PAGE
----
“When a ‘chair’ first hits the world it is immediately categorised by the consumer to serve a specific purpose. This subconscious approach is due to a visual understanding of how we are meant to approach, sit and converse while being supported by a ‘chair’. Factors including its shape, size, materiality, visual comfort and its own surroundings, (be them a multiple of itself or environmental) all influence the categorisation. This assumption allows the designer to directly design for a certain space or environment through the pre conceived notions that the public have provided – often unknowingly”.
Andrew Watts - Honours Thesis
The Approach Chair was the result of a year long university honours research year conducted at The Australian National University, Canberra, Australia.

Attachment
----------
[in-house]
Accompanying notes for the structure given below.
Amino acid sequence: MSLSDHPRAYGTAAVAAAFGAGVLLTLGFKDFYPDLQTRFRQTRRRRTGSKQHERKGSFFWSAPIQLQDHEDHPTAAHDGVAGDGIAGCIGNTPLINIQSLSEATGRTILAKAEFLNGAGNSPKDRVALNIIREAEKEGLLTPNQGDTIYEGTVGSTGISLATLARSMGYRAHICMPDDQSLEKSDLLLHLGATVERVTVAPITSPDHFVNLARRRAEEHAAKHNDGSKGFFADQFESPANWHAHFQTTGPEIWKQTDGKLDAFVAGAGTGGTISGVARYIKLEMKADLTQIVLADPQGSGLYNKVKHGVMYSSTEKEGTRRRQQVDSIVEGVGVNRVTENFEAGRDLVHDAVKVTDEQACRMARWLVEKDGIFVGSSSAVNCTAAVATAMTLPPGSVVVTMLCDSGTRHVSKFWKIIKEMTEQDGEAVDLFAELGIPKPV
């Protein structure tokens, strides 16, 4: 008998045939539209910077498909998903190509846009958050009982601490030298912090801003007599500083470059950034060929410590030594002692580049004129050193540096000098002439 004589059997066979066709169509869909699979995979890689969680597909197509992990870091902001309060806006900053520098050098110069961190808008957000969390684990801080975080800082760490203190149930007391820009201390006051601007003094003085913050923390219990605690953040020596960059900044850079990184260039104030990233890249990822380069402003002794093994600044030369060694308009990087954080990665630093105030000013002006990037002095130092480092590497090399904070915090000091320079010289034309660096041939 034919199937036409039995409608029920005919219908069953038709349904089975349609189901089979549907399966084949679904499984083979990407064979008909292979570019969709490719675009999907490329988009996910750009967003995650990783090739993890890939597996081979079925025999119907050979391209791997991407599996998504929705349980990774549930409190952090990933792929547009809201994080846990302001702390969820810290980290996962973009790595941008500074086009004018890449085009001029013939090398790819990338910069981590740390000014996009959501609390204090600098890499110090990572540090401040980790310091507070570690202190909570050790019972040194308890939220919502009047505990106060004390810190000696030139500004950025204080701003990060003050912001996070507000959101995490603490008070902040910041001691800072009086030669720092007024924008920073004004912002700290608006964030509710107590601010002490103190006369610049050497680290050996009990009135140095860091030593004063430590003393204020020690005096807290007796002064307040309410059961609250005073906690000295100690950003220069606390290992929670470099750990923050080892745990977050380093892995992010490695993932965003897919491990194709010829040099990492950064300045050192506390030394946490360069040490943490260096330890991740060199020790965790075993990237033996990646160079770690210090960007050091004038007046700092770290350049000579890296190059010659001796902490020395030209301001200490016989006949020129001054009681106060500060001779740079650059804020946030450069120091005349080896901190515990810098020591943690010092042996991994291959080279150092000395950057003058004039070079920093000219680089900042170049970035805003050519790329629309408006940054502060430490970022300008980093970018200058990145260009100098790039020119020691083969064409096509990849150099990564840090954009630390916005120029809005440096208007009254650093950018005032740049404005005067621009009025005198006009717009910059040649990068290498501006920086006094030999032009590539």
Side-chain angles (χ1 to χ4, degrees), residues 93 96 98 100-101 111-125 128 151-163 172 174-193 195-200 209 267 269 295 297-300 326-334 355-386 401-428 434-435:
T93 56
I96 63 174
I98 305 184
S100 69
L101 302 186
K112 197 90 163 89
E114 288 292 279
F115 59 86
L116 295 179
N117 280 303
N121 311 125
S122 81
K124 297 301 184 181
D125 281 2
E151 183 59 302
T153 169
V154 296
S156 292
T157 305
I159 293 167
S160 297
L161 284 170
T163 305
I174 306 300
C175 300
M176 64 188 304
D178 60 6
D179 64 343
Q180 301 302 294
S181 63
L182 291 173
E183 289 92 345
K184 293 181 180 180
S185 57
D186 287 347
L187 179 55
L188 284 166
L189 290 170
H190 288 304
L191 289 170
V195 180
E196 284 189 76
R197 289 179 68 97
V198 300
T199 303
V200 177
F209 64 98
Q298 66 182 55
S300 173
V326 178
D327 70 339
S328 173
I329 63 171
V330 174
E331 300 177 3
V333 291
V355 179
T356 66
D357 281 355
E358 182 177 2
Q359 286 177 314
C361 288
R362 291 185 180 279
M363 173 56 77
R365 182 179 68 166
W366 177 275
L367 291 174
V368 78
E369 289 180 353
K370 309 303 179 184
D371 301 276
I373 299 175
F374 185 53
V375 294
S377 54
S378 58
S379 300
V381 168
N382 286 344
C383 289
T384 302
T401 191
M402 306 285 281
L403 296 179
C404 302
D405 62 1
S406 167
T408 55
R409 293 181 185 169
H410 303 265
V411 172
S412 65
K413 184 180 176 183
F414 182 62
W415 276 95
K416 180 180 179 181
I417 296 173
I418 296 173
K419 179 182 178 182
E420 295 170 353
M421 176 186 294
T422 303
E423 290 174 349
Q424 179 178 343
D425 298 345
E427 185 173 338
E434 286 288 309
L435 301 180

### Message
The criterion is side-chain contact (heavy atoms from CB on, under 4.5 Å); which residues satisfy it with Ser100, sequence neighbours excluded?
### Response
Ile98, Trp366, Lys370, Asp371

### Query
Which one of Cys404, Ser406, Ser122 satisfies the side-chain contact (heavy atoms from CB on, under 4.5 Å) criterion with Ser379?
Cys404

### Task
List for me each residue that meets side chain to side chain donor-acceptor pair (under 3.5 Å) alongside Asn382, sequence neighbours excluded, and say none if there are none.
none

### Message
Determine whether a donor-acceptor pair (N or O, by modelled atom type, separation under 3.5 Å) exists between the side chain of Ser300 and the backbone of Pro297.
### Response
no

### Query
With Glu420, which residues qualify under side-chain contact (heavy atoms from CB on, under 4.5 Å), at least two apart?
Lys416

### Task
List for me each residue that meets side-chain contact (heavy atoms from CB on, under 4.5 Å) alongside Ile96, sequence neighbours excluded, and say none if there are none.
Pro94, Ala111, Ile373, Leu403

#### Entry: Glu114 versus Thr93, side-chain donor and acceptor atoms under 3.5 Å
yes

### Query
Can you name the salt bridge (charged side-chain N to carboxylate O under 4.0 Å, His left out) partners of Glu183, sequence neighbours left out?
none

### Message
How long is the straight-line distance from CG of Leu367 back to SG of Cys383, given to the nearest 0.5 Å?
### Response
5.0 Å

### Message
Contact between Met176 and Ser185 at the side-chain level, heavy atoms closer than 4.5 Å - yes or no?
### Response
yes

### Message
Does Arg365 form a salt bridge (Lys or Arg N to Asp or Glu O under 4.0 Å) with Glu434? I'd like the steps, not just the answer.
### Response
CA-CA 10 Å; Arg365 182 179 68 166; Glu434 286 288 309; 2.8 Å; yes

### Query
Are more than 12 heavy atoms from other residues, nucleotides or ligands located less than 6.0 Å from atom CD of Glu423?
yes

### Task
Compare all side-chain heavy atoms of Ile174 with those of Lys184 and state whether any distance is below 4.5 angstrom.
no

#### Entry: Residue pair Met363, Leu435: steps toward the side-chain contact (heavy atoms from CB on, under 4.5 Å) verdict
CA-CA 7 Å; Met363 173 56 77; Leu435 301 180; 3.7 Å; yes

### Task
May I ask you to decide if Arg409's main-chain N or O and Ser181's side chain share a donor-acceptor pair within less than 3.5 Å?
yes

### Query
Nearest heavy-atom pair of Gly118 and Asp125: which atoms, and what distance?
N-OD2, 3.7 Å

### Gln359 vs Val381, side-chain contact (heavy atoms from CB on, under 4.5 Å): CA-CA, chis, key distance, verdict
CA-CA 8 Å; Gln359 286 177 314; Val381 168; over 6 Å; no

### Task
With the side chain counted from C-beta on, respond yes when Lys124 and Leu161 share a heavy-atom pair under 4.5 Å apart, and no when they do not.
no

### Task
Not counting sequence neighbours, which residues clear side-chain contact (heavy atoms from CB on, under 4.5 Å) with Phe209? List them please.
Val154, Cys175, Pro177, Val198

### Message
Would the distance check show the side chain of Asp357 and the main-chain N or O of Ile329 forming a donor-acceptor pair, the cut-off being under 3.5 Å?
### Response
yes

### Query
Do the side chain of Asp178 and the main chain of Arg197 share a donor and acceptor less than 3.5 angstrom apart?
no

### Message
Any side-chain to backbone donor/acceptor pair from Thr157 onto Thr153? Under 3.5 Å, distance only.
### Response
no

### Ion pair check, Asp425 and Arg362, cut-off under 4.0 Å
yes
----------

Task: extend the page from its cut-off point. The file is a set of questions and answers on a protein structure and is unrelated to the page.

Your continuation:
Many terms are used to portray particular classes of seating platforms based on the length of time a user engages with it. These range from the ‘5 minute chair’ up to an ‘8 hour chair’. It is an understandable mechanism of classification, which categorises the intended uses of various seating arrangements. Each particular category evokes an array of emotions from each individual user when placed into an environment that corners their sense of emotion, understanding, and physical interaction towards that object or ‘chair’.
The aim of this investigation was to characterise an array of seating platforms through an artistic audit. The investigation and research will be demonstrated through the different examples of seating platforms that best suit my intended process. Further investigation were then be given to one individual style, which included form, behaviour, function, interaction, feelings and historical precedents.